A cap-and-trade bill that forces commercial polluters to cut their carbon is still languishing in legislation purgatory, but at least we're getting some transparency. Jonathan Hiskes explains:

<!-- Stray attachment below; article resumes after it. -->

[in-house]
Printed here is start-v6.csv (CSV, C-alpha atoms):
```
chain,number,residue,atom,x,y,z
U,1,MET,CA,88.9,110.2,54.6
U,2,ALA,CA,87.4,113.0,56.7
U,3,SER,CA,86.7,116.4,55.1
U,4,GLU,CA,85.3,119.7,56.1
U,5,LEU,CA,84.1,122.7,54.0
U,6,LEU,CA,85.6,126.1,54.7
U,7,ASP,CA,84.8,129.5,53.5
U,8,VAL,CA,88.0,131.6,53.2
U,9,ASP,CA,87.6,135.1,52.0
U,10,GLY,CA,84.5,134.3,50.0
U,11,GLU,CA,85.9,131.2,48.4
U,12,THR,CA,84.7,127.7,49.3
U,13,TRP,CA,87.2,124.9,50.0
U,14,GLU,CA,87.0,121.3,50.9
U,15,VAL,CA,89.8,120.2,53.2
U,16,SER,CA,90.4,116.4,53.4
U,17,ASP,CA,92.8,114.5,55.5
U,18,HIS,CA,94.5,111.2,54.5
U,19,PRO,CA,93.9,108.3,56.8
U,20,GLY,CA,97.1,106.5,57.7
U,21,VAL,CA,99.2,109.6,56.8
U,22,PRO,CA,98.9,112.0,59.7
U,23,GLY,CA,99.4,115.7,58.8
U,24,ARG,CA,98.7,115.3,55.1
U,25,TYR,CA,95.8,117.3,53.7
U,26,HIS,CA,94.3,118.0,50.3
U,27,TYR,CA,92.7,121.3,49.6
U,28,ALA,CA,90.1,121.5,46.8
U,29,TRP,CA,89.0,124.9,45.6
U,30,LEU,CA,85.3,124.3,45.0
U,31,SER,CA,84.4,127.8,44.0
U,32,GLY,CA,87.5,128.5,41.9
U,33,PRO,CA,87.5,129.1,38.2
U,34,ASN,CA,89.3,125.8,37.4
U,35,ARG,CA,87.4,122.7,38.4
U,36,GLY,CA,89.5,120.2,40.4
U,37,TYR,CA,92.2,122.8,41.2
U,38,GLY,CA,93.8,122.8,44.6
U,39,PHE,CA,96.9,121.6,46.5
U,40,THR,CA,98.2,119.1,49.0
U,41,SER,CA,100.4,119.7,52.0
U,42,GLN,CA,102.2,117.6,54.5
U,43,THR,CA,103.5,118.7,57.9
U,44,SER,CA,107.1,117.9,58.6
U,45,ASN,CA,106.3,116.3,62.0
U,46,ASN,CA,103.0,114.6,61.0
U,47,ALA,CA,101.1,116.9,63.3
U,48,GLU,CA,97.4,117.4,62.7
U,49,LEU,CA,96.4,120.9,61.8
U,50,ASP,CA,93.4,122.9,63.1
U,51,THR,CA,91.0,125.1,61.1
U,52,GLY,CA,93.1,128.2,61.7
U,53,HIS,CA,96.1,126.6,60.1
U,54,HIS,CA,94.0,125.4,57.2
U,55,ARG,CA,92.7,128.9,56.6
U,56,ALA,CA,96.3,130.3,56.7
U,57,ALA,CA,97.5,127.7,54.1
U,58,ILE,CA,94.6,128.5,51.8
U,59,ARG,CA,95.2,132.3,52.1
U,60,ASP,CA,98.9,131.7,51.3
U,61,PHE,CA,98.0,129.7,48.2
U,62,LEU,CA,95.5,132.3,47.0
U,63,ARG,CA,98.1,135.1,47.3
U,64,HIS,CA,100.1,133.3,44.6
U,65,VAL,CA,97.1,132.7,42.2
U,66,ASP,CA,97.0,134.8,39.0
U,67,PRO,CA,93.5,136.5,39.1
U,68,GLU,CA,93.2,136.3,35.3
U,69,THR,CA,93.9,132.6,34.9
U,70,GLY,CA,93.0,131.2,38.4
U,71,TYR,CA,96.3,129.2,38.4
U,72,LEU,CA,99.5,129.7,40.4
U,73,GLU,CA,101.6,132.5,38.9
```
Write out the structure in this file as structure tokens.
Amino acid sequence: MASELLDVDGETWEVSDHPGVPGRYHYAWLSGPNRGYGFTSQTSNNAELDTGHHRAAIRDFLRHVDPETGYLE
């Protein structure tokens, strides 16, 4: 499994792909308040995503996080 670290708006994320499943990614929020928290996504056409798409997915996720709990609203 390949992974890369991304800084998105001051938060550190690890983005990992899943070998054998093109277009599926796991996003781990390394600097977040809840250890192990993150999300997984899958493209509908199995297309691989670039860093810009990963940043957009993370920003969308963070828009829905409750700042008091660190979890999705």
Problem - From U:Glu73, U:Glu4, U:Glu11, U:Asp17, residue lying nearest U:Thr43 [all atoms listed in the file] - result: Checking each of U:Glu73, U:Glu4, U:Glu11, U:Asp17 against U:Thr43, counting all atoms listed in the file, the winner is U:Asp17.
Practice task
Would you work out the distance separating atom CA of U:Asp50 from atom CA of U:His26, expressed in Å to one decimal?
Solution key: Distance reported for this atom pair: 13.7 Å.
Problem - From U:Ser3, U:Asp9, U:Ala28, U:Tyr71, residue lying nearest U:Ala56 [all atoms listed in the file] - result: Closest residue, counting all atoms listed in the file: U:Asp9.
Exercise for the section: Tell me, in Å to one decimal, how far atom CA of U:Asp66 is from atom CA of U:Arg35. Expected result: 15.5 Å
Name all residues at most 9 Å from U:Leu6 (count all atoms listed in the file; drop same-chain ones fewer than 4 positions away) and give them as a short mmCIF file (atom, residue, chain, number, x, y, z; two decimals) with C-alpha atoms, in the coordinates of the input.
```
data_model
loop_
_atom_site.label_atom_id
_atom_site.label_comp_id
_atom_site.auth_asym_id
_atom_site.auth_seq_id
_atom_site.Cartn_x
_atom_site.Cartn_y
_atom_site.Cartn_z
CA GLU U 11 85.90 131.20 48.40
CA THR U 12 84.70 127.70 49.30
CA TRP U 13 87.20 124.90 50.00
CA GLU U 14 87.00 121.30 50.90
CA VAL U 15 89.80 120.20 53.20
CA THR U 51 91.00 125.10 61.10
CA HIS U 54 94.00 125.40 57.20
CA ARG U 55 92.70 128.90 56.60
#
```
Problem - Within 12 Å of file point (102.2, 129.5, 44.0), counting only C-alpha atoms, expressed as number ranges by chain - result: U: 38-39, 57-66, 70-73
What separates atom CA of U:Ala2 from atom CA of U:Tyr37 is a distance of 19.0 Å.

The new Greenhouse Gas Reporting Rule, which took effect last month, requires industrial facilities that release 25,000 metric tons of CO2 -equivalent a year to measure and report their emissions. (For comparison, that's roughly what 2,200 average U.S. households emit annually.) Initially the rule will affect about 1,200 sites-including factories that produce chemicals, cement, iron, and steel. A facility can stop reporting if it emits less than 25,000 tons for five years or less than 15,000 tons for three years.The emissions data collected will be made public starting in March 2011. Affected companies will find themselves in a searchable database-and maybe in the headlines too. The data could well become fodder for "the biggest polluters in Area X" local and national stories.Hiskes wonders whether this new transparency about emissions could draw the attention of the media, cause PR problems for big polluters, and thereby get them to reduce their emissions voluntarily.I wonder if there's any risk of a company just sacrificing some economies of scale and splitting its production between lots of 24,000-ton facilities.That said, it's a little shocking to know this reporting wasn't required already and good to know that it will be. I'll certainly do a blog post about the "the biggest polluters in Area X" when the data gets released.Photo (cc) from Flickr user obrien26382.